26. Feb 2020
For Toyota Motor Corporation's new "LQ" electric concept car, its car component manufacturer, Toyota Boshoku Corporation, selected Covestro as its partner for the joint development of a new, particularly lightweight polyurethane composite material reinforced with natural fibres.
Lightweight materials will play an increasingly important role in future mobility, e.g. they will further extend the range of electric cars. Covestro as a provider of material solutions has a long-term experience in the global automotive industry. This also applies to the Japanese market, where the Innovation Center of Covestro has already developed many sustainable solutions, for instance components for low-density polyurethane foams.
Based on its innovation leadership, Covestro was chosen as partner by Toyota Boshoku Corporation, a car component manufacturer of the Japanese Toyota Group, for jointly developing a new polyurethane composite material for the new electric concept car “LQ” developed by Toyota Motor Corporation. The material is based on a combination of Covestro's advanced Baypreg F NF technology and Toyota Boshoku's expertise in using kenaf fibers, and offers a lightweight and sustainable solution. In the “LQ”, the new product is used in door trims: a world first in a car model from this manufacturer.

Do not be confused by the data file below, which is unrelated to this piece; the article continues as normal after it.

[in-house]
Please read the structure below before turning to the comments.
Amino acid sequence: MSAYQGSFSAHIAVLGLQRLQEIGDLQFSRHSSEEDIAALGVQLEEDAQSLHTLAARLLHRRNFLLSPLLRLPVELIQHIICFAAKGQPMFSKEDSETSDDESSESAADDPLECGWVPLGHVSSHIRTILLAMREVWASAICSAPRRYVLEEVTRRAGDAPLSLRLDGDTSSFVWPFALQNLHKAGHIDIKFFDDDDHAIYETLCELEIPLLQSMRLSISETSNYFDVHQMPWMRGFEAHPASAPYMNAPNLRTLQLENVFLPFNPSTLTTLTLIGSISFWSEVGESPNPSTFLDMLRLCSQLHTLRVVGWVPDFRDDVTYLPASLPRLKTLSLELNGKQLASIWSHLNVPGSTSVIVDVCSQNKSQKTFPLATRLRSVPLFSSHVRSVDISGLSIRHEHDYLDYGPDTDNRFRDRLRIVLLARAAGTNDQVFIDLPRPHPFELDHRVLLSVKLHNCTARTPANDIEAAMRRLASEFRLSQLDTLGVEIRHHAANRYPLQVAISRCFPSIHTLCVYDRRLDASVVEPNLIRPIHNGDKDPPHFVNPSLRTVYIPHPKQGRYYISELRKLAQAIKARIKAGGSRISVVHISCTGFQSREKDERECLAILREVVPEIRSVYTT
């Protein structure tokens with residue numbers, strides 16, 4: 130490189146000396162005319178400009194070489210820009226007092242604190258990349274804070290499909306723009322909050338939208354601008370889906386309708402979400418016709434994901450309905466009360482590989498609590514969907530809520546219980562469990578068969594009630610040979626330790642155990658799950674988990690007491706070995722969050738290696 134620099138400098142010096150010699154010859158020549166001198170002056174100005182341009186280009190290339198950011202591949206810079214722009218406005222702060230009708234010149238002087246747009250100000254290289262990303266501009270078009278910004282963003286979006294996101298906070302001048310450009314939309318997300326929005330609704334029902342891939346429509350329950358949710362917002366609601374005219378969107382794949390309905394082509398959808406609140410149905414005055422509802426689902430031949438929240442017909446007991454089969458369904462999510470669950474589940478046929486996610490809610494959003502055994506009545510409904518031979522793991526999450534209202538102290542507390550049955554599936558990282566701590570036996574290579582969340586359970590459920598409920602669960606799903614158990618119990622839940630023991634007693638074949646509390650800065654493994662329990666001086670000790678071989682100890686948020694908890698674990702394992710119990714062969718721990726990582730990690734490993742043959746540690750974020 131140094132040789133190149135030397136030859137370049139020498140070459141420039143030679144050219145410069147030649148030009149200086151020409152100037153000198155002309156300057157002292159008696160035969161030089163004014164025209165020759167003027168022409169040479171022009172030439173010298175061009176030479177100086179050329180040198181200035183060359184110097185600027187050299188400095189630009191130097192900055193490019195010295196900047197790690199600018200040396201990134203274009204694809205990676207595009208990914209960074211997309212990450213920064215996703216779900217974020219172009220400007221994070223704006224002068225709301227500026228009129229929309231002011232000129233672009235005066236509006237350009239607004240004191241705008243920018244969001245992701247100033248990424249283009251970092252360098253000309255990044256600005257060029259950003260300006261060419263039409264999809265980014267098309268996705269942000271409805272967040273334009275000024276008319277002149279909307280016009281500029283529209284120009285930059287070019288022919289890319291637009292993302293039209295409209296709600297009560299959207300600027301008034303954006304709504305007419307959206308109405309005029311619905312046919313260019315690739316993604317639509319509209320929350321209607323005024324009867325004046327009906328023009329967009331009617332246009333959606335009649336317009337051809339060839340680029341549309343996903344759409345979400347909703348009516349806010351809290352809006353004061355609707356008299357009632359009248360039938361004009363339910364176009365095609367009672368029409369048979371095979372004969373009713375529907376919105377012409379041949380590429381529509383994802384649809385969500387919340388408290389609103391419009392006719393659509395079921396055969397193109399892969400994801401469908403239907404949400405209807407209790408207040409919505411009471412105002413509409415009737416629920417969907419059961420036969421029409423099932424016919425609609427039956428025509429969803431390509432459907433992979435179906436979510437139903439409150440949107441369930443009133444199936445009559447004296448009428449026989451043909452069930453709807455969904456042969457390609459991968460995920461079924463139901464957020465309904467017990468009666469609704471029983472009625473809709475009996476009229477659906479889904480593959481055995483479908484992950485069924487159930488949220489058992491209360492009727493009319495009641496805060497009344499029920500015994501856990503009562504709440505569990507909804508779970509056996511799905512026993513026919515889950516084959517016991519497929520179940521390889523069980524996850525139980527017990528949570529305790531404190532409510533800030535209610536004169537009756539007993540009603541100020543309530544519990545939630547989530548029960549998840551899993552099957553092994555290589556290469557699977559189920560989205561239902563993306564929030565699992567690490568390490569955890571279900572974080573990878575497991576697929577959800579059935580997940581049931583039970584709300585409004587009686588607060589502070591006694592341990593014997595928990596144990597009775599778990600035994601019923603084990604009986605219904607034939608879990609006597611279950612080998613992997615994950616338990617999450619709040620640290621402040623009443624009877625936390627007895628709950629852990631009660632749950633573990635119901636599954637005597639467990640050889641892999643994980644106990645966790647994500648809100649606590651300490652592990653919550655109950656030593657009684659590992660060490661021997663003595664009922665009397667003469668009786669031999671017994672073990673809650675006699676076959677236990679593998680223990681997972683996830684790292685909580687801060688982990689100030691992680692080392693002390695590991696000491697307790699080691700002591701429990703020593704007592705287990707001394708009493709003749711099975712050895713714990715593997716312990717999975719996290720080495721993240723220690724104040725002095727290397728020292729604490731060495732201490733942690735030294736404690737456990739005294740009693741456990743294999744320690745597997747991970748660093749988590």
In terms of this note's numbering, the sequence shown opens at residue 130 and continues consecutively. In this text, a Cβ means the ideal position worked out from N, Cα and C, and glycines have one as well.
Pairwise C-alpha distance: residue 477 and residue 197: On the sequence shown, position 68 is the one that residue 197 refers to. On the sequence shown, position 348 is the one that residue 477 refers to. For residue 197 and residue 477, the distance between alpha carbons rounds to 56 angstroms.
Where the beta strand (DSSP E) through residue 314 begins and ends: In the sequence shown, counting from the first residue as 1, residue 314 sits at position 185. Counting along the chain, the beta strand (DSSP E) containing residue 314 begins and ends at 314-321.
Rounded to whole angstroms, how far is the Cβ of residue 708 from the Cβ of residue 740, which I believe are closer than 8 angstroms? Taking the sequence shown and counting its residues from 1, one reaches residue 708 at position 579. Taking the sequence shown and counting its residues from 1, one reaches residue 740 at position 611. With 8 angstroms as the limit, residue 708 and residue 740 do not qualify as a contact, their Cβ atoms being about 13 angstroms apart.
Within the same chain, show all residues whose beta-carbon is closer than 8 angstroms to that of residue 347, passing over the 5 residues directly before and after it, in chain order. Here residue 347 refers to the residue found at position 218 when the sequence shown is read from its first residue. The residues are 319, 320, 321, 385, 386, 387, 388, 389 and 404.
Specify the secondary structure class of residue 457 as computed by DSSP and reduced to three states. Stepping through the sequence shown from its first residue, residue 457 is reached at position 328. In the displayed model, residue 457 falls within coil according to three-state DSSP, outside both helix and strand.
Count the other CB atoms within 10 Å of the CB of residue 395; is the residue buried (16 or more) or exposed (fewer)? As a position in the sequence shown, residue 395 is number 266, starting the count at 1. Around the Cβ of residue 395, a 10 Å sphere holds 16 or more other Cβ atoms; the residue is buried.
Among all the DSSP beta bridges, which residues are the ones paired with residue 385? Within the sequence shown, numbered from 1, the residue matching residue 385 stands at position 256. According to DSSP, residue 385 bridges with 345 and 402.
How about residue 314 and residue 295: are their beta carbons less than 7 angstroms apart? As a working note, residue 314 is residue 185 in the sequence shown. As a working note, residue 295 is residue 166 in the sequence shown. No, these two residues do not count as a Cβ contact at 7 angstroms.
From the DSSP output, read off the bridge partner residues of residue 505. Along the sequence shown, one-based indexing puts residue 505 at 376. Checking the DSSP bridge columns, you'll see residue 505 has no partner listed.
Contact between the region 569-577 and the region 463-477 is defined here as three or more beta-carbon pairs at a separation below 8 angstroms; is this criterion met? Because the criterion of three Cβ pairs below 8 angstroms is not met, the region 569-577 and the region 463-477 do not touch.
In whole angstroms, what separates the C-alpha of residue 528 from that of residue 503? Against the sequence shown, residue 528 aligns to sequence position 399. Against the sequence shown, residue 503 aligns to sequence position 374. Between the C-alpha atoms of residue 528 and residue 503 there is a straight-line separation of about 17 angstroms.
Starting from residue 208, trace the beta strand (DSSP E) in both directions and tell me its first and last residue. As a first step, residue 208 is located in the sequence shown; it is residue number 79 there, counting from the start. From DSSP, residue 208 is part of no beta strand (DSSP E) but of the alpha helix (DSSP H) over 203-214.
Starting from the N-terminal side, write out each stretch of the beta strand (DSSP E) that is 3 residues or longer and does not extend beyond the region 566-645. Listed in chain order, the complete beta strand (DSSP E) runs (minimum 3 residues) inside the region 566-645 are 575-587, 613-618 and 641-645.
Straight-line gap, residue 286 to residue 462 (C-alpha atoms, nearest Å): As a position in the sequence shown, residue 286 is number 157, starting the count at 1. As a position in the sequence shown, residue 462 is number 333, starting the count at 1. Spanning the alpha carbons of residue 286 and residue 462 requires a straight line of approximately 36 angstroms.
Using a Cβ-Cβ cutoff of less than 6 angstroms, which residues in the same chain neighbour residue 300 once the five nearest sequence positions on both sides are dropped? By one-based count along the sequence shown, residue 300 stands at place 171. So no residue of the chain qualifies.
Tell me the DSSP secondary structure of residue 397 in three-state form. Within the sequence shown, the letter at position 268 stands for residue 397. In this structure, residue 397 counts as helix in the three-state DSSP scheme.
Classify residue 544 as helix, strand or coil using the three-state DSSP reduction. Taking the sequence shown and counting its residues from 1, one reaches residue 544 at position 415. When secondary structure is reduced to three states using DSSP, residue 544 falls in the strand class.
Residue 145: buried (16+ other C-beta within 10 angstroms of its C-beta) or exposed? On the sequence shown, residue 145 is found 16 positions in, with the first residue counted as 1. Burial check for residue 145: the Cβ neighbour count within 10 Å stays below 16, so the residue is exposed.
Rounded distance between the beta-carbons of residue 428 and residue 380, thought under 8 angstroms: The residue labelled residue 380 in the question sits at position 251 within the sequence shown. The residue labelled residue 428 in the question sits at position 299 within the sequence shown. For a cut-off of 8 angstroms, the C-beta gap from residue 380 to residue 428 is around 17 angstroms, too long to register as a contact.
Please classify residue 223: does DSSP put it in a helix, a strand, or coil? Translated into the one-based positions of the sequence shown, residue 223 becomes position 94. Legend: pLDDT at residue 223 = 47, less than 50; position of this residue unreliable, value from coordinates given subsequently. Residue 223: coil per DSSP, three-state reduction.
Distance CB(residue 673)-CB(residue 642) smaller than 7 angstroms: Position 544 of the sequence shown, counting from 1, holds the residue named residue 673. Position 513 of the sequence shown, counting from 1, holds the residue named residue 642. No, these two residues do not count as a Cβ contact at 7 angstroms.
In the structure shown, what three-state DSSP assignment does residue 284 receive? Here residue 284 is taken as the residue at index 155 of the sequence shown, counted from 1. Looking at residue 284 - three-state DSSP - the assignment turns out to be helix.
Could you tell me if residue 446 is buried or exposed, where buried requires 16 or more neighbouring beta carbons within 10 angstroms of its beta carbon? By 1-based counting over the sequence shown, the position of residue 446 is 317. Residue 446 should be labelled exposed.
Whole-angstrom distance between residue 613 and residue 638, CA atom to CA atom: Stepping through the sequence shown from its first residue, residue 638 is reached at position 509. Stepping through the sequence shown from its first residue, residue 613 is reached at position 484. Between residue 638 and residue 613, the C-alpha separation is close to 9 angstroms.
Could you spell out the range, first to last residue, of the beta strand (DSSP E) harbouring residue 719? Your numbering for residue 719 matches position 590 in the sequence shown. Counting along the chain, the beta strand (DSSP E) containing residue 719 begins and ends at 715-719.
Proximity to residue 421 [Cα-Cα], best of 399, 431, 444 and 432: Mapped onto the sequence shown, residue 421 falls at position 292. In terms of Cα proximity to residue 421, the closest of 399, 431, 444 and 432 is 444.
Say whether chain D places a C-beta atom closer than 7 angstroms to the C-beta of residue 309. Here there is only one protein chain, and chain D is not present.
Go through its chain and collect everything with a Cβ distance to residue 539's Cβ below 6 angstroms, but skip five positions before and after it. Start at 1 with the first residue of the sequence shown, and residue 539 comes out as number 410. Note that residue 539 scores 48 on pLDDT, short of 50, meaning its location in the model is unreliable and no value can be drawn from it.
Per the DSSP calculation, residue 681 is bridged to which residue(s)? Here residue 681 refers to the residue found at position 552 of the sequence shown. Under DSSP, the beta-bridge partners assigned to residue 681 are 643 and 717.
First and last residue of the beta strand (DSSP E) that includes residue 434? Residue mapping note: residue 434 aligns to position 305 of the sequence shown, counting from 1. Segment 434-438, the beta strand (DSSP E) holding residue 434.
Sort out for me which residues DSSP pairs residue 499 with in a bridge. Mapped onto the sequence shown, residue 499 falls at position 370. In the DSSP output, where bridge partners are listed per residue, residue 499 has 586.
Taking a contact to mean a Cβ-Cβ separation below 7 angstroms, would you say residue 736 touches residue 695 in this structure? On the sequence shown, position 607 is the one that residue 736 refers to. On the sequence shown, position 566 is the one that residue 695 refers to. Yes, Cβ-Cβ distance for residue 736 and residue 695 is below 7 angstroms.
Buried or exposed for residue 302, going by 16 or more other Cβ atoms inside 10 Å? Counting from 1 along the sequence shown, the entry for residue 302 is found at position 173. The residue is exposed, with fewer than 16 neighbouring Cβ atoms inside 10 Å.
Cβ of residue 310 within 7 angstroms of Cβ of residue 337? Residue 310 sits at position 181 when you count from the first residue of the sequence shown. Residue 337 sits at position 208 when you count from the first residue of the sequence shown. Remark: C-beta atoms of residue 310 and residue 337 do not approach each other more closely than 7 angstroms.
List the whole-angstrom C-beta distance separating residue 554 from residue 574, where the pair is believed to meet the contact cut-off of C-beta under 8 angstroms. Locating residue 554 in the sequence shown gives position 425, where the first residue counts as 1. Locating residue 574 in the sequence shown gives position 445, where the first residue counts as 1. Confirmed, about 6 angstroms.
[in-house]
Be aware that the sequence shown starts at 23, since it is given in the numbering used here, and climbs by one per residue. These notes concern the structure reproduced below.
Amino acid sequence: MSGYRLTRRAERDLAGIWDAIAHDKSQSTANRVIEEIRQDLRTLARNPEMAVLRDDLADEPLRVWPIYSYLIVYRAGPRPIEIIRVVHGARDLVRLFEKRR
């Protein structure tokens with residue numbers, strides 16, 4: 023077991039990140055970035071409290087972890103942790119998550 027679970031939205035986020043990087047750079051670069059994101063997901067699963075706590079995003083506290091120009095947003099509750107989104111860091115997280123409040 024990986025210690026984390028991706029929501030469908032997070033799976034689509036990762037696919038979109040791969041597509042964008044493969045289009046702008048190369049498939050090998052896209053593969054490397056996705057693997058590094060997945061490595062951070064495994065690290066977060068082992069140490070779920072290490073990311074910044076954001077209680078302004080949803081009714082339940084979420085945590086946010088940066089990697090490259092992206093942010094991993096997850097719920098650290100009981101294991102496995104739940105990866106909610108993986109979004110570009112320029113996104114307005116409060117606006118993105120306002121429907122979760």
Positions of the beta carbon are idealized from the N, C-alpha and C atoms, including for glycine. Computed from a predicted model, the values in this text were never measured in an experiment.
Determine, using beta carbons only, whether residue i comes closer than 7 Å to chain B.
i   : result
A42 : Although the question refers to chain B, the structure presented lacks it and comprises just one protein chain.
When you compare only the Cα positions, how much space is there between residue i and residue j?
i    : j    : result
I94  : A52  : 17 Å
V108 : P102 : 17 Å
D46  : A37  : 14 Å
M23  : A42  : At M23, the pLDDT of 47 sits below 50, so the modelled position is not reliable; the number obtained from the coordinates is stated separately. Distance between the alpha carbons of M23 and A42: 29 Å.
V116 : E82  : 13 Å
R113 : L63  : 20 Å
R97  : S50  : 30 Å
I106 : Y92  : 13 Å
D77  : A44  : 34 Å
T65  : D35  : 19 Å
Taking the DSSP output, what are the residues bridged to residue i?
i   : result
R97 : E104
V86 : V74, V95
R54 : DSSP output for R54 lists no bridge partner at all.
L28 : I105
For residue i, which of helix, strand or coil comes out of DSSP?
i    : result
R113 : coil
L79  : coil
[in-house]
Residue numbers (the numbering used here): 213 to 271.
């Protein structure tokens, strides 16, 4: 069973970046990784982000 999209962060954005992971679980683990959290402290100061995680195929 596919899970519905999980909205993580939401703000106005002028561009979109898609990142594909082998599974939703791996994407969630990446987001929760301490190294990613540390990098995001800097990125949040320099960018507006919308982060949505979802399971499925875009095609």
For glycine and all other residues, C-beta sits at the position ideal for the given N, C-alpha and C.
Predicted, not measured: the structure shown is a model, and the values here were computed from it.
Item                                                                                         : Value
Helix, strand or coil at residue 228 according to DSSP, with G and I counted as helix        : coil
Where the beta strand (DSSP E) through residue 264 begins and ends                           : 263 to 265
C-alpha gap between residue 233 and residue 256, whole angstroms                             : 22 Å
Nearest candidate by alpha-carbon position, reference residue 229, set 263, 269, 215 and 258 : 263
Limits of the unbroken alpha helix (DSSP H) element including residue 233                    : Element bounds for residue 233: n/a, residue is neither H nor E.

Kenaf is a member of the hibiscus genus and grows in regions such as South East Asia, Bangladesh, India and Africa. The fibre is obtained from bast fibres of the kenaf plant and has recently attracted attention as a cost-effective raw material with good mechanical properties. In the automotive industry, the plant fibre is also generating interest as an alternative raw material.
The kenaf fibre-reinforced polyurethane foam composite is characterized by a very low area density of less than 1 kg/m2 and high strength, making the door trim made of the fiber-reinforced kenaf polyurethane foam 30 percent lighter than that produced from conventional materials. The lighter the material, the further the car can travel on a single gas or battery charge.
The new composite material was developed in close cooperation between Toyota Boshoku and Covestro's recently renovated Japanese Innovation Center. “Our joint development makes an important contribution to the design of particularly lightweight and sustainable vehicles,” says Hiroaki Ido, Head of Polyurethanes Application Development for Transportation at Covestro's Japanese Innovation Centre.
“It is also a good example of our company's focus on using alternative raw materials and establishing a circular economy.”